All possible efforts, stirrings, and manifestations of the will, all the events that occur within man himself and are included by the reasoning faculty in the wide, negative concept of feeling, can be expressed by the infinite number of possible melodies, but always in the universality of mere form without the material, always only according to the in-itself, not to the phenomenon, as it were the innermost soul of the phenomenon without the body. This close relation that music has to the true nature of all things can also explain the fact that, when music suitable to any scene, action, event, or environment is played, it seems to disclose to us its most secret meaning, and appears to be the most accurate and distinct commentary on it. Moreover, to the man who gives himself up entirely to the impression of a symphony, it is as if he saw all the possible events of life and of the world passing by within himself Yet if he reflects, he cannot assert any likeness between that piece of music and the things that passed through his mind. For, as we have said, music differs from all the other arts by the fact that it is not a copy of the phenomenon, or more exactly, of the will’s adequate objectivity, but is directly a copy of the will itself, and therefore expresses the metaphysical to everything physical in the world, the thing-in-itself to every phenomenon. Accordingly, we could just as well call the world embodied music as embodied will; this is the reason why music makes every picture, indeed every scene from real life and from the world, at once appear in enhanced significance, and this is, of course, all the greater, the more analogous its melody is to the inner spirit of the given phenomenon. It is due to this that we are able to set a poem to music as a song, or a perceptive presentation as a pantomime, or both as opera. Such individual pictures of human life, set to the universal language of music, are never bound to it or correspond to it with absolute necessity, but stand to it only in the relation of an example, chosen at random, to a universal concept. They express in the distinctness of reality what music asserts in the universality of mere form. For, to a certain extent, melodies are, like universal concepts, an abstraction from reality. This reality, and hence the world of particular things, furnishes what is perceptive, special, and individual, the particular case, both to the universality of the concepts and to that of the melodies.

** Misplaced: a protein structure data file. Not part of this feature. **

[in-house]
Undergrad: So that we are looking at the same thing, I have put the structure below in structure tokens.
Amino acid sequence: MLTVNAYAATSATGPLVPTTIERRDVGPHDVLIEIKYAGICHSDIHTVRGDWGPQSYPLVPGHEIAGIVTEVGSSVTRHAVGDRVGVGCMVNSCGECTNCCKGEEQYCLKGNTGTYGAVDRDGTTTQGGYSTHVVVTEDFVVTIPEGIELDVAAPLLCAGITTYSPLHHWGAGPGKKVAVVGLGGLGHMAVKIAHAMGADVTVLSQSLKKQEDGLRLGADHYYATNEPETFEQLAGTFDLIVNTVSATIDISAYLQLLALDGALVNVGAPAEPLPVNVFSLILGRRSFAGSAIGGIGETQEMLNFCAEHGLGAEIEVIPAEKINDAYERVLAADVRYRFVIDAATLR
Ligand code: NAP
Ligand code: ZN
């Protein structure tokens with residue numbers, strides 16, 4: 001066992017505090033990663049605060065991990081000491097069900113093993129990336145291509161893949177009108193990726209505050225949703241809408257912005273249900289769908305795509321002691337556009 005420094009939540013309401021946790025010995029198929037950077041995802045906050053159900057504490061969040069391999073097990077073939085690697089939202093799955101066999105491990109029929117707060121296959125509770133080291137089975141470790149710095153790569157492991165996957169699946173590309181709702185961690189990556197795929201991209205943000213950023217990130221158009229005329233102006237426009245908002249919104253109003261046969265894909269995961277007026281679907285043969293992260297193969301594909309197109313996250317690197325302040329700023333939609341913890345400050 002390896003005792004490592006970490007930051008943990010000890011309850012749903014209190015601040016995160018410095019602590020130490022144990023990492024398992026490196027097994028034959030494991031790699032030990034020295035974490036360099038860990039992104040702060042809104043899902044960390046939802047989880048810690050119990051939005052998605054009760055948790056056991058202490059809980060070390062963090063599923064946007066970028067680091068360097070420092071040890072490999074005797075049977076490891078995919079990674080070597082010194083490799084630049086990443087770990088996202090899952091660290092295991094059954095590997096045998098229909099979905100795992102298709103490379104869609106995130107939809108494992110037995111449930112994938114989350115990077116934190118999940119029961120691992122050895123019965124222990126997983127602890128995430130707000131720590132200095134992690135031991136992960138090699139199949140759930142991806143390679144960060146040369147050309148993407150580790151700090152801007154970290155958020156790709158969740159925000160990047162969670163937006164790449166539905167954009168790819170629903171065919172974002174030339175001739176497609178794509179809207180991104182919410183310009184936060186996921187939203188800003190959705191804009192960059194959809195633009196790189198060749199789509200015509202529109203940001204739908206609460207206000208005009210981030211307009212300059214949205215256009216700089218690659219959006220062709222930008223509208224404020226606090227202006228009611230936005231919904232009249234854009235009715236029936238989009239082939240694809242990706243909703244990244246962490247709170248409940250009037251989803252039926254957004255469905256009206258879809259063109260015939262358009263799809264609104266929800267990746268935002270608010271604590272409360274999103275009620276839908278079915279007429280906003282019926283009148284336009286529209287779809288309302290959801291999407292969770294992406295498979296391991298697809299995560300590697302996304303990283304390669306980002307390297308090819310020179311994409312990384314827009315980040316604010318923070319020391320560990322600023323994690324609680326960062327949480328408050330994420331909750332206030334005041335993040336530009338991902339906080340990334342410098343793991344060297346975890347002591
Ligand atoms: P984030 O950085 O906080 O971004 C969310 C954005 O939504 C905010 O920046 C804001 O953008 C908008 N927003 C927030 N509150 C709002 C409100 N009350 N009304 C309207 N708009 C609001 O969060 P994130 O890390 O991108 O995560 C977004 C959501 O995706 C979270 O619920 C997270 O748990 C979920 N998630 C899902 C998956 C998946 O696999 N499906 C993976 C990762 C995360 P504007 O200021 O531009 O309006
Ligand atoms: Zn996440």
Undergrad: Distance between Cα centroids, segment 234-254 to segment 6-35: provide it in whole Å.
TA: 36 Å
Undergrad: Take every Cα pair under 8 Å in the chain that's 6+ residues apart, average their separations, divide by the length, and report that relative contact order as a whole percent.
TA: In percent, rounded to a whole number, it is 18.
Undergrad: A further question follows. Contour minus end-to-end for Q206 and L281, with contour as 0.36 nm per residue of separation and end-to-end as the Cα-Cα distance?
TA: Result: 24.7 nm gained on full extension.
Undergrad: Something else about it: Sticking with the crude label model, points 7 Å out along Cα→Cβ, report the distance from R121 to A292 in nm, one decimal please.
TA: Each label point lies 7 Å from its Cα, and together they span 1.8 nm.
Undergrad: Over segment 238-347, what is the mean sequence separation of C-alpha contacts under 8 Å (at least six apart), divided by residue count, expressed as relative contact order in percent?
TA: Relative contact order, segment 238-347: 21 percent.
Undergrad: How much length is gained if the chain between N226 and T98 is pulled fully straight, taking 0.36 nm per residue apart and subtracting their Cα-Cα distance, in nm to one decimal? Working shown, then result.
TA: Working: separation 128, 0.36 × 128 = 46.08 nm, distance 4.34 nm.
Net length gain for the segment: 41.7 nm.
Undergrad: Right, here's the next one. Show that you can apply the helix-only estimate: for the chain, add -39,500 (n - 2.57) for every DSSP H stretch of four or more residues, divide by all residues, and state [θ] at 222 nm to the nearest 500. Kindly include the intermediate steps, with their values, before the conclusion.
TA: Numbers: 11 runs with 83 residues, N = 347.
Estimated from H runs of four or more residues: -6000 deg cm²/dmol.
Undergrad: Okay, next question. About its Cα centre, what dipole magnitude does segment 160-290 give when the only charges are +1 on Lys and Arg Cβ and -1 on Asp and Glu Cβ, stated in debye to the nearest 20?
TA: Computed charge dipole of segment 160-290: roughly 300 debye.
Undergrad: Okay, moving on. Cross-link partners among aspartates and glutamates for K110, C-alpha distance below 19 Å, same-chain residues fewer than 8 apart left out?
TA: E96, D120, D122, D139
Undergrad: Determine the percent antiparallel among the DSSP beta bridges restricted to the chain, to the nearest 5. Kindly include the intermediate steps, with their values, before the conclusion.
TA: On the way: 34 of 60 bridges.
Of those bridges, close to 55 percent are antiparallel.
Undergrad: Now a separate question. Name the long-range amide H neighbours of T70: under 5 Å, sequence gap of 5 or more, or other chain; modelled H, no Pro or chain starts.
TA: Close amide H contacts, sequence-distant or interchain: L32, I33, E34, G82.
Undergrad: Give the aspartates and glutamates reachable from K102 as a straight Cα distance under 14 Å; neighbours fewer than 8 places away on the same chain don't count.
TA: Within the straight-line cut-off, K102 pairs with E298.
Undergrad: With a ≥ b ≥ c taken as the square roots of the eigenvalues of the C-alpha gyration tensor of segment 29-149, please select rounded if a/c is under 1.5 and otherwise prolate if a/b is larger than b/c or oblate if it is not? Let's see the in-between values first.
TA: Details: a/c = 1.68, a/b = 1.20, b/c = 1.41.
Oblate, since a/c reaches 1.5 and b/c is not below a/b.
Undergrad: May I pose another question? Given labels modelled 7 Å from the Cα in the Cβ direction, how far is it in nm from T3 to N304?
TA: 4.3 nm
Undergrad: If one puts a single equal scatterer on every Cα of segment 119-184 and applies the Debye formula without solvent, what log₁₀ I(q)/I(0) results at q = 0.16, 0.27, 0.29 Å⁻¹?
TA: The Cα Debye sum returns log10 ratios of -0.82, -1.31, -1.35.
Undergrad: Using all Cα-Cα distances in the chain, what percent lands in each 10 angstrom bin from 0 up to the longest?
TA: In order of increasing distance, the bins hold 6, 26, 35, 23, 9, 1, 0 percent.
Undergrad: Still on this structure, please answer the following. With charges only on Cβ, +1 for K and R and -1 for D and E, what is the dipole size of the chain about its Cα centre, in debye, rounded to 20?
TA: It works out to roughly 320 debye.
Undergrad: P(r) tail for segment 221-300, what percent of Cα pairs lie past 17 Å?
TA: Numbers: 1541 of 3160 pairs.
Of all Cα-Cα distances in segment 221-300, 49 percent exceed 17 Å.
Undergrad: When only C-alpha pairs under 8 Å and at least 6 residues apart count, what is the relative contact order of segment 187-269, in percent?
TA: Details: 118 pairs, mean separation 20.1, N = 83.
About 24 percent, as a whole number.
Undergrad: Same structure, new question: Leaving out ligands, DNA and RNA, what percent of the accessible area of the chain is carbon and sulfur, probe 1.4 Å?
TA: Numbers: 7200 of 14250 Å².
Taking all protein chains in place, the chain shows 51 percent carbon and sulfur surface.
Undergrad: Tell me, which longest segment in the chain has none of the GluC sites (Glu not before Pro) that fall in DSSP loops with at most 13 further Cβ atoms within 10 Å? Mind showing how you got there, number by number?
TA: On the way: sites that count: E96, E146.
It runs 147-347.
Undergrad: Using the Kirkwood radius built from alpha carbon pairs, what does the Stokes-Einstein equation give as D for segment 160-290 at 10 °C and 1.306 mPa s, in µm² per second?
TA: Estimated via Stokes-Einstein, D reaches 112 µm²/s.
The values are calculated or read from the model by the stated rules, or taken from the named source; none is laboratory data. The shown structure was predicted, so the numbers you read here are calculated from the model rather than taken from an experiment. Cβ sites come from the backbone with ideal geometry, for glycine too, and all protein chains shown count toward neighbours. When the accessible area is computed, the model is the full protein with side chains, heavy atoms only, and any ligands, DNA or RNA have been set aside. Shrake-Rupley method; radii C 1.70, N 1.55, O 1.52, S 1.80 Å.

These two universalities, however, are in a certain respect opposed to each other, since the concepts contain only the forms, first of all abstracted from perception, so to speak the stripped-off outer shell of things; hence they are quite properly abstracta. Music, on the other hand, gives the innermost kernel preceding all form, or the heart of things.